If you have worked on a project for the last 10 years and you have a nicely written (and probably bound) Product Requirements Document, then you’re probably working on a Waterfall project. If you’re too busy to even ponder the first sentence because you’re overly concerned with the ’testing phase’ of the project that’s coming in a few months, then you’re definitely on a Waterfall project.
The truth is most of the IT projects in-flight today use the Waterfall methodology of Plan, Do, Check, Release. These projects measure release cycles in months and sometimes years – not in minutes or seconds like most agile projects. For them, releasing software is a BIG DEAL. After all, they’ve been working on this software for 12-18 months. These teams don’t practice the art of releasing software very often. So what happens when we don’t build the muscle memory to do something? We’re not very good at it. Most Waterfall teams are not very good at releasing software to their customers. Subsequently, the product they produce reflects the fact they’re out of shape when it comes to creating installers, packages and the release process in general.
“We did an analysis of hundreds of projects over a multi-year period. The ones that delivered in less than a quarter succeeded about 80% of the time, while the ones that lasted more than a year failed at about the same rate.” – Forrester
There is a better way …
Whether we like it or not, we’re already living in a digitally disrupted world. Your competitors are likely seeking ways or have already found ways to deliver software to production faster than you. Pace to market will become part of your competitive advantage in this new world.
All of this is the reason why continuous integration is so important. In this new world adaptability trumps rigidity; a key operating philosophy we practice every day at the #EMCDojo. If you’re currently doing ‘agile’ but releasing bi-weekly then you’re not as agile as you think you are, or should be. Teams embracing weekly or bi-weekly deliveries still means that developers are churning out code and builds which sit around like rotting fruit on the dock waiting to be delivered to a grocery store. I contend that bi-weekly integrations or releases are not continuous. Small batch releases are your friend.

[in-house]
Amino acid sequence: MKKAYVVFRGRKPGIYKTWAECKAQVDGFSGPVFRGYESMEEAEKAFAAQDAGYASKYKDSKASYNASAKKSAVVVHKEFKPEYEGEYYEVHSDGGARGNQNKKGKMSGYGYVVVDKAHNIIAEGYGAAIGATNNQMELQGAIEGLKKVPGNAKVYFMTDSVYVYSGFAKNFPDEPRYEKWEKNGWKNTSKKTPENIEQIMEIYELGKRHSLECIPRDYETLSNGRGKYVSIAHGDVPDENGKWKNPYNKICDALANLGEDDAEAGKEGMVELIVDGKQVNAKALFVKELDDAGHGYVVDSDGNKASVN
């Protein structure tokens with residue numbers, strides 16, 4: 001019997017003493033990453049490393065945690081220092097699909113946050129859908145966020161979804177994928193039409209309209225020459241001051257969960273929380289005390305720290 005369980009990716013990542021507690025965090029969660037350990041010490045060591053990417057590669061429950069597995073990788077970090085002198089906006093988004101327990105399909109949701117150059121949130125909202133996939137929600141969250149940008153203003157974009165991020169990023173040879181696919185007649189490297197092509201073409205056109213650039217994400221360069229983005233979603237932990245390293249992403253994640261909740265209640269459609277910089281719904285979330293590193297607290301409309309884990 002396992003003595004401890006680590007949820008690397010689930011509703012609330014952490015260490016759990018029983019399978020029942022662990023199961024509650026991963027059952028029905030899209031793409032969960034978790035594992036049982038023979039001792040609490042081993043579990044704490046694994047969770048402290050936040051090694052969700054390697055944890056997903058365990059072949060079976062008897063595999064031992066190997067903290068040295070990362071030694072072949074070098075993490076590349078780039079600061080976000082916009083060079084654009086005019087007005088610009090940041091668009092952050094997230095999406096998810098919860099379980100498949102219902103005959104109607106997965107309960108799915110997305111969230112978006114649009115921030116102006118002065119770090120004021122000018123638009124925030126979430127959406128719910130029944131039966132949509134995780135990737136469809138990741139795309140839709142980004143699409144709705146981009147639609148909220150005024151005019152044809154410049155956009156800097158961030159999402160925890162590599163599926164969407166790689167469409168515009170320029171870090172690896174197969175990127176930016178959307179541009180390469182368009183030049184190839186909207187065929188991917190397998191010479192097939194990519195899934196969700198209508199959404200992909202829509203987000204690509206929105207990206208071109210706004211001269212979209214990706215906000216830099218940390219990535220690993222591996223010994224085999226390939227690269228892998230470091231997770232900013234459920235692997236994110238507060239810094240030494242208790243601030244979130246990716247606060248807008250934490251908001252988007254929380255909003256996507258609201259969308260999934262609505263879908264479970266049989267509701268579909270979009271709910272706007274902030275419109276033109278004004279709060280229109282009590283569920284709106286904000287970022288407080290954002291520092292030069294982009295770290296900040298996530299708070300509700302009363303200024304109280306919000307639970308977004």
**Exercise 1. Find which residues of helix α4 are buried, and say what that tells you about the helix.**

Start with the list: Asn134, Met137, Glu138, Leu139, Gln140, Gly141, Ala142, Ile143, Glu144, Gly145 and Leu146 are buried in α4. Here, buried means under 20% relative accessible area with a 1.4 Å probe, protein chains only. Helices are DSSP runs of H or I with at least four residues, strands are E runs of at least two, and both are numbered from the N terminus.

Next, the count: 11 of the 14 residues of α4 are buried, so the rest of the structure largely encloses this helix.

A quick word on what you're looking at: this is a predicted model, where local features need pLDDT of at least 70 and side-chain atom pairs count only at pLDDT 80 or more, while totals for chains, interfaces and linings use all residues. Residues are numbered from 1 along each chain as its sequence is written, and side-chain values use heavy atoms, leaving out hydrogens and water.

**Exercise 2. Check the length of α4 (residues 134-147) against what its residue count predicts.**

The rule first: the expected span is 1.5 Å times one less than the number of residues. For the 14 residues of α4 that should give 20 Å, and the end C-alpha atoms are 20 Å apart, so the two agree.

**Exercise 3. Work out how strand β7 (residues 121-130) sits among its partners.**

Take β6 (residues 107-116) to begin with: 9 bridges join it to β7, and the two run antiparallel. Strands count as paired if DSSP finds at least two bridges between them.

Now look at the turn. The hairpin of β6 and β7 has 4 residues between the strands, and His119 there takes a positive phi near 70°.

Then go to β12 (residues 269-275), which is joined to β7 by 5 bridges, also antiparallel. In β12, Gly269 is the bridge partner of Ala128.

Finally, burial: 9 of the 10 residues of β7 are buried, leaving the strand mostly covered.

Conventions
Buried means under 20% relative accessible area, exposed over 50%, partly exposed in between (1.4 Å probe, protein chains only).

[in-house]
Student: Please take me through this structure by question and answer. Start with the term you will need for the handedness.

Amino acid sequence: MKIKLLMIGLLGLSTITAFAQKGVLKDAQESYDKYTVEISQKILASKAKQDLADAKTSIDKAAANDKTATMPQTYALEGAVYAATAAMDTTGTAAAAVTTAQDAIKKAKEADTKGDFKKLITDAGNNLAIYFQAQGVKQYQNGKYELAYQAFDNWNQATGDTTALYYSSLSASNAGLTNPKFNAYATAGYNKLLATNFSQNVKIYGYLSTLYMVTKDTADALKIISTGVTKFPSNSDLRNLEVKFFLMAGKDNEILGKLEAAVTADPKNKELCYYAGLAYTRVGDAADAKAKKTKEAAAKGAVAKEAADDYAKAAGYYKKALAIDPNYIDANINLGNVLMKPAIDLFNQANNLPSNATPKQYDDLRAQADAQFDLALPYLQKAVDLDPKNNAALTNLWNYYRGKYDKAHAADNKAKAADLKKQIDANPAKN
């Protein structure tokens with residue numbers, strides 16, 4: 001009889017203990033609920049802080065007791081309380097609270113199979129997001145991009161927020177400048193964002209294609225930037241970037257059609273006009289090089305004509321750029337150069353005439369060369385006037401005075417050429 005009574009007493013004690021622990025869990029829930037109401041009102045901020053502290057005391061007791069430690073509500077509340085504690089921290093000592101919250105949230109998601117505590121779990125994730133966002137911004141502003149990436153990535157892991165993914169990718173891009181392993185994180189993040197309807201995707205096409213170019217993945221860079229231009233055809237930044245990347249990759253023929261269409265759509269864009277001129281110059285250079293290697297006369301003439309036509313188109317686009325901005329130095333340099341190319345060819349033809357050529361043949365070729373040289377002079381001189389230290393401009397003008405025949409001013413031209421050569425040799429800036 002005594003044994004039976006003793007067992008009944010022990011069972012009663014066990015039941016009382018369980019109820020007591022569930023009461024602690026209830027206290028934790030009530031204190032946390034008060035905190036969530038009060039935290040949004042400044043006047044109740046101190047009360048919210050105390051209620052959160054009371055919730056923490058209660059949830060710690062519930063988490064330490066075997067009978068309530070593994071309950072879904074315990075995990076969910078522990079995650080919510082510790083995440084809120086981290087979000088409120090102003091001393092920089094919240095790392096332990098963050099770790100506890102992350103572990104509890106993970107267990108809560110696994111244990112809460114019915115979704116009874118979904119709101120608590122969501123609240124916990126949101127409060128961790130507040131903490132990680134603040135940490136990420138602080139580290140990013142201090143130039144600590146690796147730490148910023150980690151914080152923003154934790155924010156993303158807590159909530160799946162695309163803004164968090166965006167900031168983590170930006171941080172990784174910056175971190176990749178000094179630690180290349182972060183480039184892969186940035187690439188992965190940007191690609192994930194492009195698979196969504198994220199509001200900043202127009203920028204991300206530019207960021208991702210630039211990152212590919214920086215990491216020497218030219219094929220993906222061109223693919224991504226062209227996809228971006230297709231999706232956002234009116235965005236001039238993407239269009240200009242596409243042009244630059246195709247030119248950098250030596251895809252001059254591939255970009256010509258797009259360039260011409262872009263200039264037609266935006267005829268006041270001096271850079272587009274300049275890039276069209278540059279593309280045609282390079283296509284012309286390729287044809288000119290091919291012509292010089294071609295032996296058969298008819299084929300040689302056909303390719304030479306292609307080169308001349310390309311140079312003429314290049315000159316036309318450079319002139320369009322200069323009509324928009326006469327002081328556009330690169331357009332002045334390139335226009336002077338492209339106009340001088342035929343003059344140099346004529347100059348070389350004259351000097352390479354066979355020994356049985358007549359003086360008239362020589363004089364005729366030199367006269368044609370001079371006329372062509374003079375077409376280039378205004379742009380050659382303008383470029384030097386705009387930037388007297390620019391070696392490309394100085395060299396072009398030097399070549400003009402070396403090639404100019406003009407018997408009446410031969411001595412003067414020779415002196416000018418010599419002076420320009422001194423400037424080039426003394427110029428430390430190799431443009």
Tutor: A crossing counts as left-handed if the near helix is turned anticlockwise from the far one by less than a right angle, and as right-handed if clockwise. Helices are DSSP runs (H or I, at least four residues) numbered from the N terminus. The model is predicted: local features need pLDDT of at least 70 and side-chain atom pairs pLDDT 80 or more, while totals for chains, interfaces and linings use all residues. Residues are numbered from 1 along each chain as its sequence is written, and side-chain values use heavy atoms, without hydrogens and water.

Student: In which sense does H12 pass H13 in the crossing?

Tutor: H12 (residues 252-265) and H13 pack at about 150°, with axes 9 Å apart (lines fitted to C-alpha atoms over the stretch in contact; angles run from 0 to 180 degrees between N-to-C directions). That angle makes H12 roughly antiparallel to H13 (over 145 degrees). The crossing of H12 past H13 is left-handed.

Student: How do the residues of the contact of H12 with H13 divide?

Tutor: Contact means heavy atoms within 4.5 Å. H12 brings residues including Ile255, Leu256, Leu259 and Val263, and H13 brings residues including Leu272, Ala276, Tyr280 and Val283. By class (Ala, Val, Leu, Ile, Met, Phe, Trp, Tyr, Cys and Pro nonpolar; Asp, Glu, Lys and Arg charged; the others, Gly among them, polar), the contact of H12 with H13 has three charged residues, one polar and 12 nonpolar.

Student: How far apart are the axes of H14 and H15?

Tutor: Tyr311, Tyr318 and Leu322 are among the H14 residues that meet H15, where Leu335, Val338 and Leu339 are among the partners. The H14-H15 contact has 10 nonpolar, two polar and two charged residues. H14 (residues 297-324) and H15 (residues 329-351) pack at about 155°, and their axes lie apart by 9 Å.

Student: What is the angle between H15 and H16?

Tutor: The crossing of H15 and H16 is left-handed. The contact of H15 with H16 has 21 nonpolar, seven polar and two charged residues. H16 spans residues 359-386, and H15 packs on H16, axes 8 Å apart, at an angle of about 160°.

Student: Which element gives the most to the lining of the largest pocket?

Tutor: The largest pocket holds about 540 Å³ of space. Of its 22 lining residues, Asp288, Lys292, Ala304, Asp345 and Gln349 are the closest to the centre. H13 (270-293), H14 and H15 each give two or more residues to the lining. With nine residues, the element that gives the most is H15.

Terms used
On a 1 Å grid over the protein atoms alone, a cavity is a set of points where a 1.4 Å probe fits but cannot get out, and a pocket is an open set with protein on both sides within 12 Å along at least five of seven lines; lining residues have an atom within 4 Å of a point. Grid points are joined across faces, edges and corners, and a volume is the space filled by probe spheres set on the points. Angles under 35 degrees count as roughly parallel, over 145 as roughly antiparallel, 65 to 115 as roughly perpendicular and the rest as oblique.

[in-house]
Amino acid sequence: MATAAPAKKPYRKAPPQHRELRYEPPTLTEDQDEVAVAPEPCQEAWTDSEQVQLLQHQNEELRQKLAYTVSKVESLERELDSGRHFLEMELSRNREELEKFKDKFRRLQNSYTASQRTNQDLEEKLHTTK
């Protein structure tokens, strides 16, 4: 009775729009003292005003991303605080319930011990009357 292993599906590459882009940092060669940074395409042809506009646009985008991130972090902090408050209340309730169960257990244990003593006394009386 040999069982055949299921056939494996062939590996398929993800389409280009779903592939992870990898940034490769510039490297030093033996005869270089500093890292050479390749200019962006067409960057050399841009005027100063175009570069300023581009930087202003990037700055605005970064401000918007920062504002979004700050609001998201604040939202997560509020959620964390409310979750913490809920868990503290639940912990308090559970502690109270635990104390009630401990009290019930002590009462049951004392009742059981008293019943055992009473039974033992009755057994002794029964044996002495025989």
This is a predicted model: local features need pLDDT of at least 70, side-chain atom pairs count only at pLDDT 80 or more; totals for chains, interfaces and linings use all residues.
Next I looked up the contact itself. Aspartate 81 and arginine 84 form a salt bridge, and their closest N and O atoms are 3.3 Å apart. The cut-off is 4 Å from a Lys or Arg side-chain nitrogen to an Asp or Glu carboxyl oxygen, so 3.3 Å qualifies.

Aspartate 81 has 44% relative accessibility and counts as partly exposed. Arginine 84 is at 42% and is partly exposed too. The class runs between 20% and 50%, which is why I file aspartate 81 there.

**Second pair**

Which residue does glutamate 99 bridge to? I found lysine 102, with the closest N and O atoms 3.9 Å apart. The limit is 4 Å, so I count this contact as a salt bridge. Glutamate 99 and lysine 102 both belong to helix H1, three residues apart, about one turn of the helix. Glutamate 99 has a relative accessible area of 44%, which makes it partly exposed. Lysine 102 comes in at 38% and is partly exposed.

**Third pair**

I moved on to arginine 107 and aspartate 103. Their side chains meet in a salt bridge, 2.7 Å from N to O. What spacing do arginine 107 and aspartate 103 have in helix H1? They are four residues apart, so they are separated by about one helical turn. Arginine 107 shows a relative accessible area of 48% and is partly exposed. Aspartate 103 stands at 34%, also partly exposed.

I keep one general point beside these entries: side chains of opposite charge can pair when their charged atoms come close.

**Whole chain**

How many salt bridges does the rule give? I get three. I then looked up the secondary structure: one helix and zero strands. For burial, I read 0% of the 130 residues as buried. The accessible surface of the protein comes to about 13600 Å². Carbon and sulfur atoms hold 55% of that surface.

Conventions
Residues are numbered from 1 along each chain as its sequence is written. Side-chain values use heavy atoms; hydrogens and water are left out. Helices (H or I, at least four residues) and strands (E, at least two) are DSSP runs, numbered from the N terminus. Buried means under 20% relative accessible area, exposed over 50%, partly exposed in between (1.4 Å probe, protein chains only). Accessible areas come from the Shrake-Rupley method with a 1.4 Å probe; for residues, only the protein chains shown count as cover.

Why small releases are your friend?
Continuous integration enables software changes to be pushed to production repeatedly and reliably. Code is integrated as soon as its finished. Incrementally delivering changes enables us to validate our assumptions and the code we’re writing sure, but it also means we don’t have code or builds sitting around waiting to be integrated.
Does continuous delivery mean lower quality? No – in fact it usually leads to higher quality. The pipeline breaks releases down into phases each designed to test the quality of the software that’s being built and delivered. We just shorten this cycle so we can do it rapidly. The pipeline provides visible feedback to the team on the changes they’re making. Feedback happens instantly as the code is integrated.
What does our pipeline look like?
- Build the code
- Run test automation
- Automated deployment/continuous delivery
This all takes place in a matter of minutes.
Note: When the pipeline stops, WE STOP
If you’d like to learn more about how we leverage continuous integration, or how you can get started, come visit us at the #EMCDojo. We would love to give you a tour and perhaps, if you have the time, you could even pair with us. After all, learning by doing is at the heart of everything we do.
Email Brian RocheTags: CD, CI, Continuous delivery, Continuous Integration, incremental, pipeline, release, small